DALTON, Ga. - Whitfield County Schools officials have announced the placement of five principals.
They are Stanley Stewart at Coahulla Creek High School, Wanda Storey at Eastbrook Middle School, Carla Maret at New Hope Elementary School, Doris McLemore at Valley Point Elementary School and Angela Hargis at Westside Middle School.
Officials also said the school board approved its fiscal year 2014 budget on Wednesday.
ATLANTA - State education officials have announced they've developed a new education model geared toward helping students find career paths.
Officials from the Georgia Department of Education said the career clusters framework will allow students to choose one of 17 career pathways based on what they'd like to study in college. The pathways range from business management and administration to world languages and are based on a set of core curriculum and electives.
The General Assembly voted in 2011 to allow the Department of Education to implement the career pathways program. State School Superintendent John Barge said the "new career pathways will keep students engaged and on the road to graduation." He said many students drop out of school because they can't connect classroom experiences to practical applications.
GATLINBURG, Tenn. - The mountains were a popular destination last month.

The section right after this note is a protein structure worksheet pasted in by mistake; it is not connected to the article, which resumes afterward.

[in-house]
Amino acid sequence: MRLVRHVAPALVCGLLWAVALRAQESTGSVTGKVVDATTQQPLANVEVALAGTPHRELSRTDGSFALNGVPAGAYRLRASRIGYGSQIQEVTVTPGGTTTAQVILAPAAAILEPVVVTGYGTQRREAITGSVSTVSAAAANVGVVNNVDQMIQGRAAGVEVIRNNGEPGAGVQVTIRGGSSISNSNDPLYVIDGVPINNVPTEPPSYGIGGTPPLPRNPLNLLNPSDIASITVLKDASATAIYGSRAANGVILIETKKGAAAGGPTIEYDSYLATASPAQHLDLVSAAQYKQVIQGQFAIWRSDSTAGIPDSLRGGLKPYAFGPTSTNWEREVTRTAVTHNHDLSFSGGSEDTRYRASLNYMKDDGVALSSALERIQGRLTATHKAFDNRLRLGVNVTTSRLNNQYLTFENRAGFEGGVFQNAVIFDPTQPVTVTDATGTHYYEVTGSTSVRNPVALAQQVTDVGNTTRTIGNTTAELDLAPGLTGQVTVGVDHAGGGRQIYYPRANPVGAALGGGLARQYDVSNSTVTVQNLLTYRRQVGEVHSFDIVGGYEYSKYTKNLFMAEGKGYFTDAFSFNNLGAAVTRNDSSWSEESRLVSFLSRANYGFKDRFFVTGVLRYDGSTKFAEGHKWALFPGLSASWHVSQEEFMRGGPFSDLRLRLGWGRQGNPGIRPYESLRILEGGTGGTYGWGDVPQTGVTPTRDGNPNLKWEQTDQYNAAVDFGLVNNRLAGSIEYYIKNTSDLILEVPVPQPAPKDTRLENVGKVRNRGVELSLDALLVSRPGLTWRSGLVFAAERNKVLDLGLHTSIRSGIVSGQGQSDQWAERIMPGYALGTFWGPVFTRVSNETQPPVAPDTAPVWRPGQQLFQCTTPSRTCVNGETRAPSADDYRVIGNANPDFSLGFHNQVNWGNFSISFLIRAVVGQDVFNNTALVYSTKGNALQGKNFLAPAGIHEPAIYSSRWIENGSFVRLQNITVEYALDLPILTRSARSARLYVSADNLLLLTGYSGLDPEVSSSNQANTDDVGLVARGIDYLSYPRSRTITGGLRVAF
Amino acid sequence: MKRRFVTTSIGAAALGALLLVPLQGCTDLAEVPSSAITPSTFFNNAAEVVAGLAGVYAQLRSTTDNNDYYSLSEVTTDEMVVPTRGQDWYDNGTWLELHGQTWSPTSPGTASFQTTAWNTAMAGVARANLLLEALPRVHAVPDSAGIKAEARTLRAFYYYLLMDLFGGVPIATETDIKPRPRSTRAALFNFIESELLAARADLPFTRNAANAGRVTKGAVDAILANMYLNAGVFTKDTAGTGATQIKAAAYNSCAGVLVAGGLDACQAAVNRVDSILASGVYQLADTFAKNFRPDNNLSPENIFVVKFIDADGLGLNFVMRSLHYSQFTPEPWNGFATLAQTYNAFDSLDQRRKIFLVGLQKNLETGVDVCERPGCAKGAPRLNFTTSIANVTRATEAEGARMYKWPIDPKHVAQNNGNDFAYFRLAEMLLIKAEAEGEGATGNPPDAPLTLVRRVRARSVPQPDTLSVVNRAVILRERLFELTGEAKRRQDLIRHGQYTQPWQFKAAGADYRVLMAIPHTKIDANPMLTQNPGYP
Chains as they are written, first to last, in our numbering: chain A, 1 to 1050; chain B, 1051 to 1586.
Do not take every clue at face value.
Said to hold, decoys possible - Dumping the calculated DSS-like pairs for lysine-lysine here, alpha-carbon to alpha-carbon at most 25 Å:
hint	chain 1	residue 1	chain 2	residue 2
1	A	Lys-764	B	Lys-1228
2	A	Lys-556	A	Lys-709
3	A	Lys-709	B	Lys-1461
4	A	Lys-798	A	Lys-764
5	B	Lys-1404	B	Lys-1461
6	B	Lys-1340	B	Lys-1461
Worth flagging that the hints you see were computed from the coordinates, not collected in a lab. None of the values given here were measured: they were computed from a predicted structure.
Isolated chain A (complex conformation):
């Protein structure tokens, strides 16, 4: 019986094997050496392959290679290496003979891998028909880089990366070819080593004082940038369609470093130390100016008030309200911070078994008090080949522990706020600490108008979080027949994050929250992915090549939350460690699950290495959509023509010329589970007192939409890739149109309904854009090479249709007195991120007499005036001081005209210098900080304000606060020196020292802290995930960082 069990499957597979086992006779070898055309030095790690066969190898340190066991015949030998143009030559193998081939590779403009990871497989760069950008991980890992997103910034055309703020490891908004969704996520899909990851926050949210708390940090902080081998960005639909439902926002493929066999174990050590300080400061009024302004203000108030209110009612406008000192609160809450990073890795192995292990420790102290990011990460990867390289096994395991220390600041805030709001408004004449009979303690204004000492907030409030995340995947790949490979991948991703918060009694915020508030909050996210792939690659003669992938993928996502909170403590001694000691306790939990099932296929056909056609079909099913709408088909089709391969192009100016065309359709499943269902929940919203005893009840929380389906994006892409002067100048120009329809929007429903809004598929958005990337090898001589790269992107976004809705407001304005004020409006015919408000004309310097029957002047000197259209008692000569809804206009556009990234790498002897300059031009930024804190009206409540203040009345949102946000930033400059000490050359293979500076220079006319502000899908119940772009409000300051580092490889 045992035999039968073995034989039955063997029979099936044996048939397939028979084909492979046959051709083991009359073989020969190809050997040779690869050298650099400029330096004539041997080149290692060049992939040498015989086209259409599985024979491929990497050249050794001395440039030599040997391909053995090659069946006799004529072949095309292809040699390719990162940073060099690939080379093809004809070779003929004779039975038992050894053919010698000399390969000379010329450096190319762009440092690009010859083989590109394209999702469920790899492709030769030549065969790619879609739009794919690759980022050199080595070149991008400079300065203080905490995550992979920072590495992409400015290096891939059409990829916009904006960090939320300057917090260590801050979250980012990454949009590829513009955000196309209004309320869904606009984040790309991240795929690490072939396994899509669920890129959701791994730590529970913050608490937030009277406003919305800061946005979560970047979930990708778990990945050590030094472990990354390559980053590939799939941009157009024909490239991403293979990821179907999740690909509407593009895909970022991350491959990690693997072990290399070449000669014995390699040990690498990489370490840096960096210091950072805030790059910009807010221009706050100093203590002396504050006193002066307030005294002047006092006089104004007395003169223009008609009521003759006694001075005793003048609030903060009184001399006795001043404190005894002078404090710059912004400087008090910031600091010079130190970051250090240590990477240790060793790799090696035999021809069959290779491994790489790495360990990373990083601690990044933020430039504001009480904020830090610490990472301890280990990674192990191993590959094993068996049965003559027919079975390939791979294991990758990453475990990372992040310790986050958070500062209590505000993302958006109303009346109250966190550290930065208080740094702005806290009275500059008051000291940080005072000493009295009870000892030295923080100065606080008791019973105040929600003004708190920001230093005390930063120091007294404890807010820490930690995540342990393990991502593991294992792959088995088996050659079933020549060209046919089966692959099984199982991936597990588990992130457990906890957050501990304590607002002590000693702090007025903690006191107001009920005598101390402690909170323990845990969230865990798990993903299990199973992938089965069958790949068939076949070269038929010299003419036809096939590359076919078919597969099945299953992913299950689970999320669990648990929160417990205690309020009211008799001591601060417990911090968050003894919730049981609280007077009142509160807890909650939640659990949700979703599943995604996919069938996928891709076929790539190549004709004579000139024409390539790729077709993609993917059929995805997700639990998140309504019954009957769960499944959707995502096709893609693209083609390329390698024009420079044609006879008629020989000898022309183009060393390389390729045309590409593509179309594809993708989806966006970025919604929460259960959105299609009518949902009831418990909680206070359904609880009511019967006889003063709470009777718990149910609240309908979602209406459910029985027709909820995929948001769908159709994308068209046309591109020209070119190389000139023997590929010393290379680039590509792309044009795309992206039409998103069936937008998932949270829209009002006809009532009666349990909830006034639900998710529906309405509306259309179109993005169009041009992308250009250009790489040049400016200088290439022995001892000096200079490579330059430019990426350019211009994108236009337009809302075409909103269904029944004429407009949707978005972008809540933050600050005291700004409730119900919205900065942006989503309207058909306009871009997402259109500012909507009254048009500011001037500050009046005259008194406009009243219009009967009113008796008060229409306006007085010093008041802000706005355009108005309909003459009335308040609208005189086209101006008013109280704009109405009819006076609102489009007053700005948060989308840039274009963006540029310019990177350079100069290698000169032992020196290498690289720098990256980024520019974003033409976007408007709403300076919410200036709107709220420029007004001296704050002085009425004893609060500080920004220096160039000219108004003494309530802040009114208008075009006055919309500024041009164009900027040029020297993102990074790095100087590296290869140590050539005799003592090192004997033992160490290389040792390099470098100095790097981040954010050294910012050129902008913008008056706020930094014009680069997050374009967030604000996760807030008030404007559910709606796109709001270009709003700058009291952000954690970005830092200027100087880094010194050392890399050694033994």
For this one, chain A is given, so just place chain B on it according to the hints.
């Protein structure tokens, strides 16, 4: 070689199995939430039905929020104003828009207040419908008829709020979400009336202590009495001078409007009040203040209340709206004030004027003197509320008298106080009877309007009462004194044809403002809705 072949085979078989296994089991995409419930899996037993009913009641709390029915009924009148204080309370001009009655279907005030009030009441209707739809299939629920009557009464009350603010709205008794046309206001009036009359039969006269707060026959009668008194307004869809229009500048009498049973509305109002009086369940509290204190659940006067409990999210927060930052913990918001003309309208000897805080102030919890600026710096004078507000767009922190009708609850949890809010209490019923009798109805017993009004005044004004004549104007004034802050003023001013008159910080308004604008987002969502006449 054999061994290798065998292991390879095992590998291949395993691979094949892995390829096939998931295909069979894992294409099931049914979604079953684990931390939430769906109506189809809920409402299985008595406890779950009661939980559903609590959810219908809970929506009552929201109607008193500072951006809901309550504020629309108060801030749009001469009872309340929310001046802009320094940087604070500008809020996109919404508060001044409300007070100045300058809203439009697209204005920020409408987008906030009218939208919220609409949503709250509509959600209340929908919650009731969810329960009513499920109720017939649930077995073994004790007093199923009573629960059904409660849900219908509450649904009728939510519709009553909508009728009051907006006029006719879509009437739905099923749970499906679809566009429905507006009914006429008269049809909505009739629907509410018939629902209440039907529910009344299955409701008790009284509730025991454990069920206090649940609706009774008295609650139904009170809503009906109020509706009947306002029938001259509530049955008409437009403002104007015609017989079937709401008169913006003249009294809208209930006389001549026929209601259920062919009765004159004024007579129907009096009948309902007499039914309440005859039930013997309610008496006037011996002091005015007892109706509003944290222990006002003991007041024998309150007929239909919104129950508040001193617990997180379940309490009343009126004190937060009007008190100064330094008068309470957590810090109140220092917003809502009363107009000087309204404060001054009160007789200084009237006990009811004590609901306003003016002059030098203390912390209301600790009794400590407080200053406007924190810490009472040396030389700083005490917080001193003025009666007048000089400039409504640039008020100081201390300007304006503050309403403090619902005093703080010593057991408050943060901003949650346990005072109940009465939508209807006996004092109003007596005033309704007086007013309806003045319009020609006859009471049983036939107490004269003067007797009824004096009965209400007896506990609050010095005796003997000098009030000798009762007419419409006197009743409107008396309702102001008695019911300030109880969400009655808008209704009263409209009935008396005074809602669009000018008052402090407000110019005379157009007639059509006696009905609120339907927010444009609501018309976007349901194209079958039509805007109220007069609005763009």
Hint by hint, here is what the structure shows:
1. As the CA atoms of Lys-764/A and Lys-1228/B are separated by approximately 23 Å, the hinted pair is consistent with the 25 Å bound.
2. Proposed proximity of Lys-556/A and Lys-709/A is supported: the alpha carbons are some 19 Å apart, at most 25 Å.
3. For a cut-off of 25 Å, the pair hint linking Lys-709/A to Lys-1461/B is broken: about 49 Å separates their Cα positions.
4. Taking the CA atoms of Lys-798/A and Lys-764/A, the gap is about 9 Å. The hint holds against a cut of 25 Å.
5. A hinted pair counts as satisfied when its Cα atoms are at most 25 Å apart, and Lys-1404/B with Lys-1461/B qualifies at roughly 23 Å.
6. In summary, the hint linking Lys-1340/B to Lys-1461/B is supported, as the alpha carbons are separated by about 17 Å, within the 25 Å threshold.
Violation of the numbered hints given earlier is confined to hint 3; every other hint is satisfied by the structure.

The National Park Service said the Great Smoky Mountains National Park had nearly 886,000 visitors in May -- the most ever in any May. The number was up by 10.5 percent, or more than 86,000 people, from May 2012.
Year-to-date visitation is down by 5.5 percent from the five-year average, however. For the first five months of 2013, the park recorded just more than 2,506,000 visitors. That was 273,000 fewer than in the first five months of 2012.
COLUMBUS, Ga. - A rapid that has gained a notorious reputation as part of a new whitewater course on the Chattahoochee River has been reopened after dozens of rafters were dumped.
The Columbus Ledger-Enquirer reported that at least 10 of 17 large rafts flipped on the Cut Bait rapid shortly after the course opened in May. More than 70 of the first rafters who traversed the rapid were dumped into the river that separates Georgia and Alabama in the Columbus area.
No injuries were reported, but the rapid was off-limits to paying customers for a couple weeks as guides went through additional training.
Whitewater Express owner Dan Gilbert said the additional training has led to a much higher success rate through the rapid.